How to File for Divorce in Washington State: 7-Step Guide

How to file for divorce in Washington state? Here is a 7-step guide.

file for divorce in WA

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Divorce can be a long, troublesome, and super expensive process. In WA State, however, it shouldn’t necessarily be so. Spouses who want to end their relationship fast and easily can go through an uncontested divorce and shorten their process period to as little as only 3-4 months. 

A simple procedure is among the benefits of such divorce. In most cases, couples are quite capable of completing each step themselves. They also don’t have to pay stratospheric lawyer fees to get legal help. The cost of such do-it-yourself divorce in Washington State normally doesn’t exceed $500 and takes tangibly less paperwork and effort. 

However, failures happen, and they may entail long delays and extra costs. Therefore, learning how to file for divorce in Washington is highly recommended before you start the process. If you’re planning to break your marital bond anytime soon, make sure you look through our detailed 7-step guide on how to file for divorce in Washington State. 

Checking if you qualify for an uncontested divorce in WA state

Getting a divorce in Washington State can be almost as easy as a picnic in the park – if you go the uncontested way. However, you need to be sure that you qualify before you can start the process.

The requirements are the following:

  • You should settle all conflicts regarding property, kids, financial matters, pets, and other issues arising from your decision before you start the case.
  • At least one of the spouses must be a resident of the state at the moment of starting a divorce process. Compared to many other states, Washington doesn’t require you to live on its territory for a specific period. But the court will run a detailed check to make sure that either spouse has permanent accommodation in the state. This requirement concerns the county as well. Spouses must start a divorce in the county one of them lives, not where they tied the knot.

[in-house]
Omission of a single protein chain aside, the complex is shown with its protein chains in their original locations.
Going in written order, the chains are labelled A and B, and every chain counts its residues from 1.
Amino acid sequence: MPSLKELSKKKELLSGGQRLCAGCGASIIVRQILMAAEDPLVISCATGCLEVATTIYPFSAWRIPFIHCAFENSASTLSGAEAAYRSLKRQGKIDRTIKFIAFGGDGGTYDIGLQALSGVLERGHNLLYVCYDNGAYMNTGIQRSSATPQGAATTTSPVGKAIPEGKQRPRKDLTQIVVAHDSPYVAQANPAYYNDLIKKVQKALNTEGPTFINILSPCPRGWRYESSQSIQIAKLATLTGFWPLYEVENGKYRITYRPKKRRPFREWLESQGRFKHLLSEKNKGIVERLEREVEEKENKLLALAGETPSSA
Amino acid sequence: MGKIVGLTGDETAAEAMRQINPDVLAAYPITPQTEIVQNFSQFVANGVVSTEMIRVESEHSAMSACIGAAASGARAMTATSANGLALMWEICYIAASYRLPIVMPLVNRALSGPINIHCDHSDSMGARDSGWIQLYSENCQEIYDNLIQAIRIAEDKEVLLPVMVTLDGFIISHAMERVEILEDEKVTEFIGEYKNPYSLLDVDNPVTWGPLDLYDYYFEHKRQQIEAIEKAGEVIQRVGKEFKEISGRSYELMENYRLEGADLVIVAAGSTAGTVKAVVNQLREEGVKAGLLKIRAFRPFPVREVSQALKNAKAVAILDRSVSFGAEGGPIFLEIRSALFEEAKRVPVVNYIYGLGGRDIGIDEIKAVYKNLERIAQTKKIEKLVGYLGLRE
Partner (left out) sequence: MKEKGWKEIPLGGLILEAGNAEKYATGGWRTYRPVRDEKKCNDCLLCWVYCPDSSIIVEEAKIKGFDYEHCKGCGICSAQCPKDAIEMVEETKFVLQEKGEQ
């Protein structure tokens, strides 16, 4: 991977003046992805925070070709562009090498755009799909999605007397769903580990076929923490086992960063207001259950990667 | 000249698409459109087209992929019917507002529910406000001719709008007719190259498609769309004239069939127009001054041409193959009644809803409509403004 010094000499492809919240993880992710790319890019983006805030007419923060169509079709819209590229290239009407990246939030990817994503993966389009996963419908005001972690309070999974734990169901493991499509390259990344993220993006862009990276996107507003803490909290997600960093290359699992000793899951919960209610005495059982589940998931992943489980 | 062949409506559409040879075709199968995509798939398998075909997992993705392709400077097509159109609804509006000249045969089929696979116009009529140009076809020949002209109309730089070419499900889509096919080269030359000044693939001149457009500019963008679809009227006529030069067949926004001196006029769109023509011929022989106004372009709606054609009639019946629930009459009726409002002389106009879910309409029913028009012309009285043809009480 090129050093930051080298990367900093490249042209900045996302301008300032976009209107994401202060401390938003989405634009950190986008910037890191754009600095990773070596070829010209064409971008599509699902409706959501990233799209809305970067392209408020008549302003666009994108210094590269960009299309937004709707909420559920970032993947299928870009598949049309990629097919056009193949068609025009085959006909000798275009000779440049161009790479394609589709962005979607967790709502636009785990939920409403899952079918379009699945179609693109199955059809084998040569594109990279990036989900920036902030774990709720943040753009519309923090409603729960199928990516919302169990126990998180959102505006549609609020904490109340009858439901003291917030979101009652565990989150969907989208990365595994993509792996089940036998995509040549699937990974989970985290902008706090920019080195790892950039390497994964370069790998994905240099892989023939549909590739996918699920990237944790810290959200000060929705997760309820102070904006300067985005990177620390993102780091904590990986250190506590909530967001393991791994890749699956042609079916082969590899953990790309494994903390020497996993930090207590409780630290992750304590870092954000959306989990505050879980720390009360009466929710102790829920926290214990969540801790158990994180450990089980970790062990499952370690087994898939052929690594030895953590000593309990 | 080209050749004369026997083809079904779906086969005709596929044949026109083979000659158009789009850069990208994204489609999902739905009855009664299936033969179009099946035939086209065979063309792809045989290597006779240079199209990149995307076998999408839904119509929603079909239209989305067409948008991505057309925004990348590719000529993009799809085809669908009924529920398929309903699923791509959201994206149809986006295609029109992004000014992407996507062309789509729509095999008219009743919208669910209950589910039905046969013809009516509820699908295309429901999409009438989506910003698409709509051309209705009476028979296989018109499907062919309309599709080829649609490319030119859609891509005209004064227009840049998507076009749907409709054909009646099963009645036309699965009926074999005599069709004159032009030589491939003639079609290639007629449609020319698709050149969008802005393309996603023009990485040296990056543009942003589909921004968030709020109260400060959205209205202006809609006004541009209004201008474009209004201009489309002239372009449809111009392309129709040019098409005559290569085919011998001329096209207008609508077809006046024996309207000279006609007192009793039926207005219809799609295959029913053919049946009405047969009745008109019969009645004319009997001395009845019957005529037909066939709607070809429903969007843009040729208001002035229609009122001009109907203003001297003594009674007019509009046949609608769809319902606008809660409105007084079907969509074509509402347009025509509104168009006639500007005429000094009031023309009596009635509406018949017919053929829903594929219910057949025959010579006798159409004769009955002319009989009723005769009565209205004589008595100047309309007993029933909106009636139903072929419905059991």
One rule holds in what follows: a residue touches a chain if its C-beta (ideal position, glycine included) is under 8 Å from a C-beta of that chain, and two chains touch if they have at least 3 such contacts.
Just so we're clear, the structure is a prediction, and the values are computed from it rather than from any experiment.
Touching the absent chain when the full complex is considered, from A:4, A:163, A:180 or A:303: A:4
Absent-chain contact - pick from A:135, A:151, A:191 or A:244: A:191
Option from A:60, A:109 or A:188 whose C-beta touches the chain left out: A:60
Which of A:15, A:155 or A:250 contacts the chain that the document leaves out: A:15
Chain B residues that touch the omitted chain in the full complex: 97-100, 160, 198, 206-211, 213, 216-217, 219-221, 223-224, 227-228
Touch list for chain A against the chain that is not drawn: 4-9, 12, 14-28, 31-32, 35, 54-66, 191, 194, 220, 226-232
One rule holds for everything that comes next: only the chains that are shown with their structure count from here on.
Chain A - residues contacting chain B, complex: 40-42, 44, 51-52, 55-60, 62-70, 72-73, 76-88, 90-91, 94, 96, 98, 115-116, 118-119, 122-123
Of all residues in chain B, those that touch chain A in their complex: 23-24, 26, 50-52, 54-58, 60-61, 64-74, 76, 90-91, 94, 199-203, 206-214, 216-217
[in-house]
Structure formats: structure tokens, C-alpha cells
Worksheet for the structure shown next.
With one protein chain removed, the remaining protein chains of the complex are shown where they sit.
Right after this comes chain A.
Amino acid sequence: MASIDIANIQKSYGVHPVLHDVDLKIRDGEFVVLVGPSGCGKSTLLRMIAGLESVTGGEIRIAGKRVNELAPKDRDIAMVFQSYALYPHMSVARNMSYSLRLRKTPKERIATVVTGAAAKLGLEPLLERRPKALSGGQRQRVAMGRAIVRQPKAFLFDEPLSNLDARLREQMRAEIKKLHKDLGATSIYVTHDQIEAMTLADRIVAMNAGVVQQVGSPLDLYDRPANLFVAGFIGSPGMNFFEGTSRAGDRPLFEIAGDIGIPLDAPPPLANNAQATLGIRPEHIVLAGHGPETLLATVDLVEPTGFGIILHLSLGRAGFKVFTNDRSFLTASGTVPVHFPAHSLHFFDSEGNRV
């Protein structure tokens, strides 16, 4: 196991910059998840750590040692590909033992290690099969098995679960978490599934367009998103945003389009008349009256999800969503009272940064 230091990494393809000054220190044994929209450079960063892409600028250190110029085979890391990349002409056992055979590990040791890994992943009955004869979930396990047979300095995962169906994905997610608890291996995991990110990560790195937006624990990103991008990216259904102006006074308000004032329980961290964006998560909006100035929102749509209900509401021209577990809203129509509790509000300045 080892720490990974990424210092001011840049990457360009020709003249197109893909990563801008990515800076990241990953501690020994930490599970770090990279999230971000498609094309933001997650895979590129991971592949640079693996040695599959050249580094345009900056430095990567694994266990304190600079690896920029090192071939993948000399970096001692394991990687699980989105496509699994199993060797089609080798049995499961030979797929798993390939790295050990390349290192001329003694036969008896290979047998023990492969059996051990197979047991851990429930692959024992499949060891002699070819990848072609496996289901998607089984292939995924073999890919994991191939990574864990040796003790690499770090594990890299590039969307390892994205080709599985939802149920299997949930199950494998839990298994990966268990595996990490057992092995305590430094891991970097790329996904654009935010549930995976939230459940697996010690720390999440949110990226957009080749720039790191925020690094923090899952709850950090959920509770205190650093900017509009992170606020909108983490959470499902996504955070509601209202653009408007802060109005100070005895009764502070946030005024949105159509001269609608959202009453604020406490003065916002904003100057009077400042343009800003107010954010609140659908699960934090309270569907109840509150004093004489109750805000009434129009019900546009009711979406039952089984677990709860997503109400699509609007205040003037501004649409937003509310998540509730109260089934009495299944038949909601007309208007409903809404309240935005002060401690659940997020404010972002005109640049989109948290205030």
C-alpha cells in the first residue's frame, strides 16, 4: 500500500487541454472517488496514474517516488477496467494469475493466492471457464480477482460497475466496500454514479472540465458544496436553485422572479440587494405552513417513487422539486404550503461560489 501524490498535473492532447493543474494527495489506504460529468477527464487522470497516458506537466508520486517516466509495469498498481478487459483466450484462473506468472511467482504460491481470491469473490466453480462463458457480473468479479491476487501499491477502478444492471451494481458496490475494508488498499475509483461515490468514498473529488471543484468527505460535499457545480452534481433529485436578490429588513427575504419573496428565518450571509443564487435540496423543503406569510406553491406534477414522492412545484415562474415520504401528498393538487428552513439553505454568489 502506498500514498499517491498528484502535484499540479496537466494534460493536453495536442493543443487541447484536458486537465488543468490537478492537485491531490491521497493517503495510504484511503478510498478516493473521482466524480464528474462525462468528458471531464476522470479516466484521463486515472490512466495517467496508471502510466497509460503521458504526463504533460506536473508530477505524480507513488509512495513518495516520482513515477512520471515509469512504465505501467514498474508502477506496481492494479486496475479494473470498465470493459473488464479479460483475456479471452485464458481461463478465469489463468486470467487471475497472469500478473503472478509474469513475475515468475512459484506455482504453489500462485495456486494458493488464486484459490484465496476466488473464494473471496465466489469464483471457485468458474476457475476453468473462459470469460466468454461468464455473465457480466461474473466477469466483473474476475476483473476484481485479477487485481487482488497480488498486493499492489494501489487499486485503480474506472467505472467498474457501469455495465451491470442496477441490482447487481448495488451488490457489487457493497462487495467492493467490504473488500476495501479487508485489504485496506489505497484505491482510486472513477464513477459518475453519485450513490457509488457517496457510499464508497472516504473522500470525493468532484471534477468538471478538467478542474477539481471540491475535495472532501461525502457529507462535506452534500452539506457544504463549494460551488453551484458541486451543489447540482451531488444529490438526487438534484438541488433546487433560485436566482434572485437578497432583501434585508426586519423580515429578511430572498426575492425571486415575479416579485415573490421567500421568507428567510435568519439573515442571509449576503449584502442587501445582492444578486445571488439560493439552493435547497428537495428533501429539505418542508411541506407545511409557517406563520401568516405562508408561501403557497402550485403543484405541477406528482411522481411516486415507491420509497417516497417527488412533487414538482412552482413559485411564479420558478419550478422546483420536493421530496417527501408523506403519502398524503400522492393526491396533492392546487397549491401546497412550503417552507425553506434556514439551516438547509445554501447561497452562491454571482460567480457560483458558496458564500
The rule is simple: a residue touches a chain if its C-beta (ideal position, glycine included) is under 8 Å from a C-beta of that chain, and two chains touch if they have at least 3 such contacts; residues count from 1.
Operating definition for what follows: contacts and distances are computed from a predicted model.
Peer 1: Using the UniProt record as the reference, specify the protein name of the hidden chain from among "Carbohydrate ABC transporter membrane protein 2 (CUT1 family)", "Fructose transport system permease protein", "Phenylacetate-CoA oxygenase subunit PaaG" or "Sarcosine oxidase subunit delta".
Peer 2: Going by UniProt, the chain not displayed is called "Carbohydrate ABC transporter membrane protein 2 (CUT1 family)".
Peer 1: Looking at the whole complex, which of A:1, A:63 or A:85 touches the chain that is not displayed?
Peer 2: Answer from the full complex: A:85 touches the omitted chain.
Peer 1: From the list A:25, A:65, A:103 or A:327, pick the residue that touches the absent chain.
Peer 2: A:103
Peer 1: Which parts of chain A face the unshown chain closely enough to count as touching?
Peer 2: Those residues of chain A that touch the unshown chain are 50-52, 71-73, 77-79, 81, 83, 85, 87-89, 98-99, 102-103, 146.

Obtaining blank divorce forms

If you meet the criteria, you can start preparing for an uncontested process in WA. First of all, you need to obtain blank divorce forms. 

The paperwork you’ll need to complete will differ for every single case. Largely, it will depend on whether you have any minor children in the marriage. Therefore, it wouldn’t hurt to make research and find out what documents you need to complete for your exact divorce situation.

But where do you get the forms? Besides papers copies available in the clerk’s office, WA State also offers to download the papers online. Alternatively, there are private services on the internet that offer free forms on their website along with blog information on how to pick the right documents and complete them in a proper way.

Doing the paperwork

The next step of your divorce in the Washington state process is completing the blank forms you obtained. The task is usually so simple that spouses can do it themselves without any professional help.